If you are a friend on Facebook or Instagram, then you already know we’ve entered the world of baby chicks. OH MY. And if you aren’t. Then oh my…maybe I should spare you the chicken drama. Soooo…last month we visited my sweet friend with LOTS of hens and a rooster. We had the BEST time playing on their land with the kids. Their 3 kiddos were adopted from Isaac’s orphanage–so it was fun to get together with our Ethiopia Hannah’s Hope friends. When we left, my friend Rachel sent us home with a carton of eggs FRESH out of the hens’ nests. The fact they have a rooster meant that the eggs could be fertilized. Soooooo…
We ended up at the local feed and seed store on the chicken aisle to buy a Little Giant.
CLUELESS…and following my 8 year old princess’s suggestion–we decided instead of scrabbling the eggs–to incubate them and see what happened.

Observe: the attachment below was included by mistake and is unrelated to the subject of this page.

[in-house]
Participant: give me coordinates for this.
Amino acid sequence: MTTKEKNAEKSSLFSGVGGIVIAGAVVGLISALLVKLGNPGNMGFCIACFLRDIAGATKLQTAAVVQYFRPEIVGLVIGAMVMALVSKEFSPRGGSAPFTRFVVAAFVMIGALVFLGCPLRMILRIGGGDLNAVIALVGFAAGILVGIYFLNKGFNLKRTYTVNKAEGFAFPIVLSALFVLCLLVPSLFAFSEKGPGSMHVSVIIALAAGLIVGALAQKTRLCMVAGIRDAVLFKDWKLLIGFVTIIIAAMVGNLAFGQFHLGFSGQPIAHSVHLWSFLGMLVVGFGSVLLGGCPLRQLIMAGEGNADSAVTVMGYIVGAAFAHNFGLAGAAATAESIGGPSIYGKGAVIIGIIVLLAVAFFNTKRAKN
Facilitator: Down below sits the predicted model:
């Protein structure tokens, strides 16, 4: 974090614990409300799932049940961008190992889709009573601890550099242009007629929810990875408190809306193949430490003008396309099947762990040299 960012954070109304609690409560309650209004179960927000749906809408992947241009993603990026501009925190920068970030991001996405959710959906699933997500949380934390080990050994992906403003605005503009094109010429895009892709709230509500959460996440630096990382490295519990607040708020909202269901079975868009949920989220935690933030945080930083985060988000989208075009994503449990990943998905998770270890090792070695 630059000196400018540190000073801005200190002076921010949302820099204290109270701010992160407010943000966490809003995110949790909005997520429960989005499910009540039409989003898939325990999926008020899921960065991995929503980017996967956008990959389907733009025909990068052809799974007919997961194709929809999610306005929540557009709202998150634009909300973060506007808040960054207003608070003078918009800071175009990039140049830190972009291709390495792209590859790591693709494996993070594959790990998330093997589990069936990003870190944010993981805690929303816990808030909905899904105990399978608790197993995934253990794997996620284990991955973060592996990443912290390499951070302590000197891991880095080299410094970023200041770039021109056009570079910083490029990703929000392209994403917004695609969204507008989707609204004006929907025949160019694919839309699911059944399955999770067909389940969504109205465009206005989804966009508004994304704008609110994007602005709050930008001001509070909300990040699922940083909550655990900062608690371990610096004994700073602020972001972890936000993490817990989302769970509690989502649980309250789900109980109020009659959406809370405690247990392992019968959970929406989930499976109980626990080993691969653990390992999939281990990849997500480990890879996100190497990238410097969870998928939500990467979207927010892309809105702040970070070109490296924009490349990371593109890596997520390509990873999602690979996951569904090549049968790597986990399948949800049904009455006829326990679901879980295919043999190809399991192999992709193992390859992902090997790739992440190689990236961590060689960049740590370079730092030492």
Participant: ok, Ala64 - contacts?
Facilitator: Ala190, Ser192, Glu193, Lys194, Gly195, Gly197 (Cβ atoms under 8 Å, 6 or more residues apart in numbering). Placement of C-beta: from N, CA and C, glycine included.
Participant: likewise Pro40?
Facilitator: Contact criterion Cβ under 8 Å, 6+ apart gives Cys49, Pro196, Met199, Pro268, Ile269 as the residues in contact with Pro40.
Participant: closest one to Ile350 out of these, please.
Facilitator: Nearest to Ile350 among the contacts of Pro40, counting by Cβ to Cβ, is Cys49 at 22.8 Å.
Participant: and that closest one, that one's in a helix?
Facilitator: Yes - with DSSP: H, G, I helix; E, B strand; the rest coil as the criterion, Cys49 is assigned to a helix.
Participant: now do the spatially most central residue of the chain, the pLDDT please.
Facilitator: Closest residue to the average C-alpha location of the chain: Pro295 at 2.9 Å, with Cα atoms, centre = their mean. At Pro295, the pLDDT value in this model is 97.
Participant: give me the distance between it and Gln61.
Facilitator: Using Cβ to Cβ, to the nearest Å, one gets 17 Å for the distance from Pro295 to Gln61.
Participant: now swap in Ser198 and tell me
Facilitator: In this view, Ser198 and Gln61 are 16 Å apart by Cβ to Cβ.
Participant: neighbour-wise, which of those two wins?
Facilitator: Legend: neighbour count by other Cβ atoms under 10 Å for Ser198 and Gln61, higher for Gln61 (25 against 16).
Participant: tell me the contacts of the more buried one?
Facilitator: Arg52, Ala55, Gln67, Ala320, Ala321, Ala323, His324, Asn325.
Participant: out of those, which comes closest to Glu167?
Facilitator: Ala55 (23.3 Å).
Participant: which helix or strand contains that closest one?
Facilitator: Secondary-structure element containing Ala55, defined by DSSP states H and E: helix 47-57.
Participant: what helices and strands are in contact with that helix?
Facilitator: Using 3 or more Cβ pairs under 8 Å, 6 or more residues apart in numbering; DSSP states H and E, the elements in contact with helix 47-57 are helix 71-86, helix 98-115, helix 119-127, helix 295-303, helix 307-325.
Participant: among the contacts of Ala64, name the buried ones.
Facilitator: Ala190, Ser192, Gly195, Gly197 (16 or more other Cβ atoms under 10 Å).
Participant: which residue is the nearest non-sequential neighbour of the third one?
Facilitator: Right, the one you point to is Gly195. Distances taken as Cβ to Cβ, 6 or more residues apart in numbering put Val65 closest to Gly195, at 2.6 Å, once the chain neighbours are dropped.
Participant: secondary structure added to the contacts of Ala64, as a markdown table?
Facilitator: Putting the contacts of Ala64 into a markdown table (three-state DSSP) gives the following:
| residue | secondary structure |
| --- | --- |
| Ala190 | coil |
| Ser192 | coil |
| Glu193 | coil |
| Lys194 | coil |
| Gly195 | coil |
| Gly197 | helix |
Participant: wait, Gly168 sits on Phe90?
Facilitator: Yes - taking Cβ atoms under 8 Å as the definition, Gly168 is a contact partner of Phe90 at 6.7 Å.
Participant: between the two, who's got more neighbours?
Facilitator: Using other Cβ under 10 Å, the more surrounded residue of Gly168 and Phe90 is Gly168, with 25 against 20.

Before you run out and get some fertilized eggs–you must know there is a
little bit HUGE learning curve to incubating eggs. We probably should have spent some time reading up rather than jumping in…and I just kept repeating over and over, “You were going to scramble them. You were going to scramble them”…thinking that if it didn’t work out…then it was okay. BUT. Once you start life…UM–it’s not that easy.
So…we did our research and decided to dive in. Having 5 small children–we created a chart for the big kids to help with the egg turning.
I didn’t realize how things needed to be JUST right–and boy this turned into a labor of love for sure. In a “still air” incubator the temp has to stay right around 101-102. You have to add water to also keep the humidity level just right–and where it needs to be in the beginning is different than the end. OH MY. (This is almost impossible to correctly maintain–so it makes it a miracle when they hatch for first timers–
no stories about how your child’s preschool class did this and they all hatched please;).)